Andrea Jo DeWerd: Harvest, an imprint of HarperCollins and I'm so excited because it means this year, my team gets to do a whole rebrand and launch, and launch marketing is so fun to me. So, we're designing merch and catalogs and things to go out to all of our B2B partners, but also our direct consumer marketing. So, the place I hesitated is that when I describe book publishing and book marketing, when I go to these industry events or non- industry event, when I go to cross industry marketing events, it's always a little challenging to describe what book marketing is, because we do B2B and D2C, we do a little bit of everything. We operate as an in- house agency model, but we also use outside agencies for some things. So, we do a little bit of everything and it's a very strange model and we we're using more outside agencies as we're scaling. We're looking for more off the shelf solutions. Our B2B stuff looks like we're working with our partners who are book sellers and librarians, making sure that they are aware of the books that are coming out, the new releases. And we are arming them with the assets and what they need to promote the books to their shareholder... Their stakeholders at the end of the day. But then our primary marketing is also direct- to- consumer, so that's where we're not advertising in social media and author platforms. It is also strange in that our authors are our product. Theyre our brand, they are our talent, but we the publisher are paying them. So, I am paying the talent, but they're the client, I have to keep them happy, but we're paying them. So, it's a very strange model.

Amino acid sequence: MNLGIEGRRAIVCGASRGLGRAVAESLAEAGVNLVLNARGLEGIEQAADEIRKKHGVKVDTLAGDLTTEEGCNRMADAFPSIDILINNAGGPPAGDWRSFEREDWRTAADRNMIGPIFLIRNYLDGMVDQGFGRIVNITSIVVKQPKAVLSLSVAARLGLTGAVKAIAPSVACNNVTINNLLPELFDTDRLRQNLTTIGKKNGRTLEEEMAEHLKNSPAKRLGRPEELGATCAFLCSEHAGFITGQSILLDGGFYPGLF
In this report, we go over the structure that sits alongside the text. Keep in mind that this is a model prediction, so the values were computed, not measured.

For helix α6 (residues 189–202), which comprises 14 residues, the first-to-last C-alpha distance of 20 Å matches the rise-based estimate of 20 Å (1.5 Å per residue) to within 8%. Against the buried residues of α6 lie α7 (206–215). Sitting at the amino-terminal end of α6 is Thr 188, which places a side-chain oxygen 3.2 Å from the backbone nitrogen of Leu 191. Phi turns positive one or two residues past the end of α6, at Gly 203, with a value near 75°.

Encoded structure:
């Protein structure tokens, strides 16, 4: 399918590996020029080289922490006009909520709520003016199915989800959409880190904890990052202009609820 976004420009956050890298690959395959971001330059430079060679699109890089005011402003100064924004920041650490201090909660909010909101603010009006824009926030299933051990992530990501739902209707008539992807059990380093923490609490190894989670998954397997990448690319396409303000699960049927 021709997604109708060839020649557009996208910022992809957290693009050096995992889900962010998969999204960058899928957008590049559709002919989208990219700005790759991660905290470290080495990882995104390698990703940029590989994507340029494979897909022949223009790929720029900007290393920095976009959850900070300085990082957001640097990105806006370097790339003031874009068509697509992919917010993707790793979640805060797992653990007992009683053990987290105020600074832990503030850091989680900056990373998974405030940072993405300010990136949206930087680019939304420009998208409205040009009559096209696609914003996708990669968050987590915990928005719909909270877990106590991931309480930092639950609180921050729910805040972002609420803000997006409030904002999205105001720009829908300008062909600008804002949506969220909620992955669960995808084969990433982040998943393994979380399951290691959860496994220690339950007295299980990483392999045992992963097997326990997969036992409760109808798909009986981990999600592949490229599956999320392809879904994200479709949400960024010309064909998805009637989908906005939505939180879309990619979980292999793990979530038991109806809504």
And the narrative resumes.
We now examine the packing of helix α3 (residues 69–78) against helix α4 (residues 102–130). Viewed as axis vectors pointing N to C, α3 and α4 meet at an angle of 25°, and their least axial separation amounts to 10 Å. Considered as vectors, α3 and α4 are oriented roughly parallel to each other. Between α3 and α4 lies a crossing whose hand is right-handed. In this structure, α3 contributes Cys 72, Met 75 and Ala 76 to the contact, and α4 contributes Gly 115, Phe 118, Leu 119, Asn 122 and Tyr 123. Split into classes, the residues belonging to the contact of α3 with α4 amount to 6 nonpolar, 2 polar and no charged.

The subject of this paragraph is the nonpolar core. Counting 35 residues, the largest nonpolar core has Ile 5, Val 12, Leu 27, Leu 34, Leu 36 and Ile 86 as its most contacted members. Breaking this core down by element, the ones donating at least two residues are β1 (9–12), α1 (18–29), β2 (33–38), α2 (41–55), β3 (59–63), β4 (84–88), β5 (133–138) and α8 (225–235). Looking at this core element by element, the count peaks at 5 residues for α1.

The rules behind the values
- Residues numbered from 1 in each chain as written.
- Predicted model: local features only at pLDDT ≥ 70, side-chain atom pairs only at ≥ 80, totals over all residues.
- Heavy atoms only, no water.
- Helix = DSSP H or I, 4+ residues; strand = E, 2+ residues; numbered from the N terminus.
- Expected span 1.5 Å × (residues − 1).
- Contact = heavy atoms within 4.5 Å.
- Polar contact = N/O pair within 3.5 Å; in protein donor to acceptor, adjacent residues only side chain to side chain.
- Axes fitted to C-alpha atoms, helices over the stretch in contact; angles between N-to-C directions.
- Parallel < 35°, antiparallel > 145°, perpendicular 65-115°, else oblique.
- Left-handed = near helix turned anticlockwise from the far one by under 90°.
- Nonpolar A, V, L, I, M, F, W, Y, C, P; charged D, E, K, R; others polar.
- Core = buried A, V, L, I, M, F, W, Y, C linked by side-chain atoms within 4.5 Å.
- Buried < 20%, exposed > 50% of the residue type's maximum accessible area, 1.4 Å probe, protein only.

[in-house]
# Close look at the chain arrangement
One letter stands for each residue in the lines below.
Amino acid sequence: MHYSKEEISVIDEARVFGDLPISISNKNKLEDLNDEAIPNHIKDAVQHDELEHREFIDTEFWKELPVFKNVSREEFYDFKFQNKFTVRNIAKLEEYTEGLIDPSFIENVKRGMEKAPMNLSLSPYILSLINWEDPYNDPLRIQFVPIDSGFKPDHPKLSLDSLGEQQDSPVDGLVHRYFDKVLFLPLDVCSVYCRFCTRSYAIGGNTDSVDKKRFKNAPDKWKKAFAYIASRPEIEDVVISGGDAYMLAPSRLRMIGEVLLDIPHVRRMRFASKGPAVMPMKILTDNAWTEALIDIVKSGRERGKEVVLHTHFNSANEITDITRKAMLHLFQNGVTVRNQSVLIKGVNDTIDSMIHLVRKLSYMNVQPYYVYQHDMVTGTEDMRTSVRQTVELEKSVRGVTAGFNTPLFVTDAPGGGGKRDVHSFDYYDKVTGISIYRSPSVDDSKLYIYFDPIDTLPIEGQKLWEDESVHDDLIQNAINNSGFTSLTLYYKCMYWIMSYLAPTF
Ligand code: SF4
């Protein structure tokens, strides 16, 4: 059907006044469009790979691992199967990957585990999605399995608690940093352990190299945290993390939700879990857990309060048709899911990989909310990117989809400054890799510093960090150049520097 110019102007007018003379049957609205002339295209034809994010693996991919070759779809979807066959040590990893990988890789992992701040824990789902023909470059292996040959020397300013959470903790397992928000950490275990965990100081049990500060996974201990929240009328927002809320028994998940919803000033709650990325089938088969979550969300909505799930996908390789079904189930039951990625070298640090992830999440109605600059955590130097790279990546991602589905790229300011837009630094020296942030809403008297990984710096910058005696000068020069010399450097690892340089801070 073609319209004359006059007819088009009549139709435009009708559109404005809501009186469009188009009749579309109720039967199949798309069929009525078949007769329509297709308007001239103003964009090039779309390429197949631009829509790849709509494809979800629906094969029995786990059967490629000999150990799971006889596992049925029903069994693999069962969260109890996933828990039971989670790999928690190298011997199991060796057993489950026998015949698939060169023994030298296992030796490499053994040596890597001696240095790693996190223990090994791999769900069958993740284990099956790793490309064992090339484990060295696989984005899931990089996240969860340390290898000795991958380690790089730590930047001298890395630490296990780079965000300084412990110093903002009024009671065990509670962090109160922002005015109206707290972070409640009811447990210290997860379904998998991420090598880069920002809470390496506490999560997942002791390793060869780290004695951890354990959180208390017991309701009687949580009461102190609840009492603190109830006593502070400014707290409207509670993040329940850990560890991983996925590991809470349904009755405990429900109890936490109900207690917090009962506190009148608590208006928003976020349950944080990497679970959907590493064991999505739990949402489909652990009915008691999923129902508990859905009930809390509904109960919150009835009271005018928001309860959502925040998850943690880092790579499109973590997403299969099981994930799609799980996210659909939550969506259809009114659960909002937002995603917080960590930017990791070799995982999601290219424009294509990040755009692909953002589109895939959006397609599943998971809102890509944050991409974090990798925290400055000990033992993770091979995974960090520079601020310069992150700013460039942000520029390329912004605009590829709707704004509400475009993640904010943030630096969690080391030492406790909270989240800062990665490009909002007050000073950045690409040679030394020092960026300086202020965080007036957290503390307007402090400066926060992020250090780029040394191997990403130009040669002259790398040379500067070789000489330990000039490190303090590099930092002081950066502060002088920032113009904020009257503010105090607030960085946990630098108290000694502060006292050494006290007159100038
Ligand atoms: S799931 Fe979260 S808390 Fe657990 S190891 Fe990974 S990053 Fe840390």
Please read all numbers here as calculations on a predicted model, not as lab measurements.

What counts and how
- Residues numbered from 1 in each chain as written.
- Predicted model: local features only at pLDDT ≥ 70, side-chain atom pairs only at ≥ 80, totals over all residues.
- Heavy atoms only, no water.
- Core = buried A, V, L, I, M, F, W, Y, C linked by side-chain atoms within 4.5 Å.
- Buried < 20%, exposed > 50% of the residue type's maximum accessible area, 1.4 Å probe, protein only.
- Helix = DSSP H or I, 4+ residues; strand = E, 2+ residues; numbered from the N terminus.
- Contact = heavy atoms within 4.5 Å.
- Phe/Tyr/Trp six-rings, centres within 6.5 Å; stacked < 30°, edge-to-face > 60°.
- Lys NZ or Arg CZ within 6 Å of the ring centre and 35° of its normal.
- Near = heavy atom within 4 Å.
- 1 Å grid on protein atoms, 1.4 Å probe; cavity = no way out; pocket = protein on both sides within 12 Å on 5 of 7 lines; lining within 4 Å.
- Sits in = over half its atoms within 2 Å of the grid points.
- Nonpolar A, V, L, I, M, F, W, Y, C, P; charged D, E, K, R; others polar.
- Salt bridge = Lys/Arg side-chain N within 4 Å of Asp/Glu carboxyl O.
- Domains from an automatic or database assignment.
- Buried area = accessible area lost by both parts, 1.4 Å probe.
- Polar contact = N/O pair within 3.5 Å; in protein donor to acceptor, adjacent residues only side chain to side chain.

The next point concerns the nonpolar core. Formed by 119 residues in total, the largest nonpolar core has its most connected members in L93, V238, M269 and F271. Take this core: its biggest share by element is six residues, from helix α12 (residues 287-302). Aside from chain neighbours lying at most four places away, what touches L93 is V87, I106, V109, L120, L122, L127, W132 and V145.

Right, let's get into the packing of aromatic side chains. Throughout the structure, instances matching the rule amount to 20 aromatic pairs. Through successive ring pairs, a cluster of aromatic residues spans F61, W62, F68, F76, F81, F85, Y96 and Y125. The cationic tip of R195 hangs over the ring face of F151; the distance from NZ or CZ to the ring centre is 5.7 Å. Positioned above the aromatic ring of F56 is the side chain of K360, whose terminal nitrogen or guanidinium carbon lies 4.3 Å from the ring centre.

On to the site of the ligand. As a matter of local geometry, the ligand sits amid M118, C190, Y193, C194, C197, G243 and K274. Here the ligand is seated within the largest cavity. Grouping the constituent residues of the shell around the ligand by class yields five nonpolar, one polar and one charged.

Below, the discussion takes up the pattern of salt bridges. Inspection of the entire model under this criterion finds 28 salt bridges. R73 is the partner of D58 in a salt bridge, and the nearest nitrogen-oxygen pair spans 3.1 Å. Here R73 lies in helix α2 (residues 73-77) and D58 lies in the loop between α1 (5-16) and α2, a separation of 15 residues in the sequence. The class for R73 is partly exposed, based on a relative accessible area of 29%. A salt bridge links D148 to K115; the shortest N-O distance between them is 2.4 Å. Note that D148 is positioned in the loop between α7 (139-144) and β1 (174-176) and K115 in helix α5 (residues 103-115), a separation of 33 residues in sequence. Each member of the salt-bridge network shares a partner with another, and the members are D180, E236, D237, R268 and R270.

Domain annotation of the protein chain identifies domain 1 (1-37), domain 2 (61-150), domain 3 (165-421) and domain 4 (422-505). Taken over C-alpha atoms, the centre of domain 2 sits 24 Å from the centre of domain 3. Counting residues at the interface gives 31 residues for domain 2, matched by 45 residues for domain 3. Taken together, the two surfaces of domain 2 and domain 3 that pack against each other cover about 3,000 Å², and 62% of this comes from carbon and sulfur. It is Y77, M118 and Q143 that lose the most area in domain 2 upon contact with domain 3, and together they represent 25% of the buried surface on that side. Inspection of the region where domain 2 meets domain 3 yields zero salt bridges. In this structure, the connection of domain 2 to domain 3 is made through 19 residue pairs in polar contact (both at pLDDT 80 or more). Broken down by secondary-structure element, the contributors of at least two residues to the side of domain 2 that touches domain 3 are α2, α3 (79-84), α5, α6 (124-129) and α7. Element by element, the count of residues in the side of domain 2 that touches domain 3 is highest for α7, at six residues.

Vincent Pietrafesa: Definitely.